When people think about sexual harassment in New Jersey, many may automatically think of a power-hungry male boss hitting on a female subordinate in the workplace. This is because many sexual harassment complaints are filed by women. Reportedly, however, an increasing number of men are complaining about being taken advantage in the workplace.
The Equal Employment Opportunity Commission doesn't ask for birth dates when people complain about sexual harassment, but it does ask for their genders. Even though most complaints come from women, the percentage of complaints filed by men grew from nearly 14 percent to 16 percent between 2000 and 2011. During this same period, the overall number of complaints received dropped from more than 15,000 in 2000 to a little more than 11,000 in 2011.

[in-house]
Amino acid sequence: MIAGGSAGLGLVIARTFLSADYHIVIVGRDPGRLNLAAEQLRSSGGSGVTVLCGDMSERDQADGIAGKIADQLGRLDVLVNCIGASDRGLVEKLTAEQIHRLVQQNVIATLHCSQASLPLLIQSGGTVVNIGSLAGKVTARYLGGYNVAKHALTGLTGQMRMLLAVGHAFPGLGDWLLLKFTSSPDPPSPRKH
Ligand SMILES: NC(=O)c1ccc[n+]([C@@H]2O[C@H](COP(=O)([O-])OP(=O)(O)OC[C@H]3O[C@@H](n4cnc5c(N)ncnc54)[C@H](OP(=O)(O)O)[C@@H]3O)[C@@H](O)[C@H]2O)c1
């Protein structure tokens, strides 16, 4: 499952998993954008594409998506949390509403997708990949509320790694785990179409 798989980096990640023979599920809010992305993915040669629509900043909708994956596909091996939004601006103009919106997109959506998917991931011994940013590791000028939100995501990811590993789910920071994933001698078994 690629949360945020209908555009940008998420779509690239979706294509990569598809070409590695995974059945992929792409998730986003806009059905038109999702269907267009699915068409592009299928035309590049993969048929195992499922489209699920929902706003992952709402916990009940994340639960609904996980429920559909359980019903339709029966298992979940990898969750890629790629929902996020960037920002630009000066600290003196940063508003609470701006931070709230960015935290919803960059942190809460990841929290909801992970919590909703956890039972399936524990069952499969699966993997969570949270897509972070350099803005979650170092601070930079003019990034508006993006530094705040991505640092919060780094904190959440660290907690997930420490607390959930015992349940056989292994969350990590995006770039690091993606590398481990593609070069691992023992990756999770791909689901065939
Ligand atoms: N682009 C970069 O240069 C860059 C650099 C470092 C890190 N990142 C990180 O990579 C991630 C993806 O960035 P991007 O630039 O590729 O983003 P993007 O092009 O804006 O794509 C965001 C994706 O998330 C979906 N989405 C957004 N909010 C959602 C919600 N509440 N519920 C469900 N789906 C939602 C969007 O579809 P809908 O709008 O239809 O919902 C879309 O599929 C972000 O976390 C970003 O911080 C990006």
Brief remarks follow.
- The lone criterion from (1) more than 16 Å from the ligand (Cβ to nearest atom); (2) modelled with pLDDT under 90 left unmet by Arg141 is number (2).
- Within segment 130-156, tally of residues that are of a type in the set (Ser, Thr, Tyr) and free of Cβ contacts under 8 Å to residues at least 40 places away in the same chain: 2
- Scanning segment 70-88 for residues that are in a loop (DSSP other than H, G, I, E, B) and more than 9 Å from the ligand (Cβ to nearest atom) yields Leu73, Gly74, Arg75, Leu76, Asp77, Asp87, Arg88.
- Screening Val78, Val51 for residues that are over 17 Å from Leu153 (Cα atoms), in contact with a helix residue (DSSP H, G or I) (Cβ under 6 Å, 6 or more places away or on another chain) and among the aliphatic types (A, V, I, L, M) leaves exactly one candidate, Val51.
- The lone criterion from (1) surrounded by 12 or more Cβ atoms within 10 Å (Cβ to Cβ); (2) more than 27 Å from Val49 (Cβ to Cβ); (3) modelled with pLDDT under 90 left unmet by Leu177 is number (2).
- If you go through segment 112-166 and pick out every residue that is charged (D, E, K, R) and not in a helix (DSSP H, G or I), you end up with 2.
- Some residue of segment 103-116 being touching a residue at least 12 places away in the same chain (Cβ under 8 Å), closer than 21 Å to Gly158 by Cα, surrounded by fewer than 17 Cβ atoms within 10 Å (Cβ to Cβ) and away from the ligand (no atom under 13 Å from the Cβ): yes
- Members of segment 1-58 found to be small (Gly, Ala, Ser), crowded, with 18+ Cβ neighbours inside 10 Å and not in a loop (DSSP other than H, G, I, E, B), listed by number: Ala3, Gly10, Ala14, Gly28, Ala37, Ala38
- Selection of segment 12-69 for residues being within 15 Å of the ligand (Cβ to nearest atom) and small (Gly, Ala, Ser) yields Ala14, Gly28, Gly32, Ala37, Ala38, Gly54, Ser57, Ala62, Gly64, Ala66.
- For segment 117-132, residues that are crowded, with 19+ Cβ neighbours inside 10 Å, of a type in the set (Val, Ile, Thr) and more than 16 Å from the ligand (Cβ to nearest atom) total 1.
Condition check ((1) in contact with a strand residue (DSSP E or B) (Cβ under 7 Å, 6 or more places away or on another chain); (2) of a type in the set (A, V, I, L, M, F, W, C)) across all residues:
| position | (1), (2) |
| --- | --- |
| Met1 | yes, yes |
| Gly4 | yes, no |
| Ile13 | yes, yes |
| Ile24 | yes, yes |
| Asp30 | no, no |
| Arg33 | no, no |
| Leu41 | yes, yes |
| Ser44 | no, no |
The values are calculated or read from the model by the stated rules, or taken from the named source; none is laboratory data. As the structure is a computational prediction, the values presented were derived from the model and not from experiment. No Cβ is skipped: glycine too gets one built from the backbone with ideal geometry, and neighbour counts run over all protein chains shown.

Many of the cases involved teenagers. For instance, one case revolved around 14 boys who claimed that their boss at a movie theater made sexual advances toward them. The company ended up paying $765,000 to the teenagers. Young people usually work in jobs that many other people their age do, such as jobs in restaurants or retail stores. As a result, these fields tend to generate some of the highest numbers of sexual harassment claims.
It is illegal for supervisors to sexually harass their workers. They also can be held financially responsible if they allow other workers at the company to sexually harass fellow employees. When an employee is confronted with undesired sexual advances at work, he or she reserves the right to file a sexual harassment claim against the employer and any other offending parties. Financial restitution is one type of remedy that can result from a successfully presented case in New Jersey.
Source: The Oregonian, "Young men increasingly complain of workplace violations: Teen sexual harassment", Laura Gunderson, April 3, 2014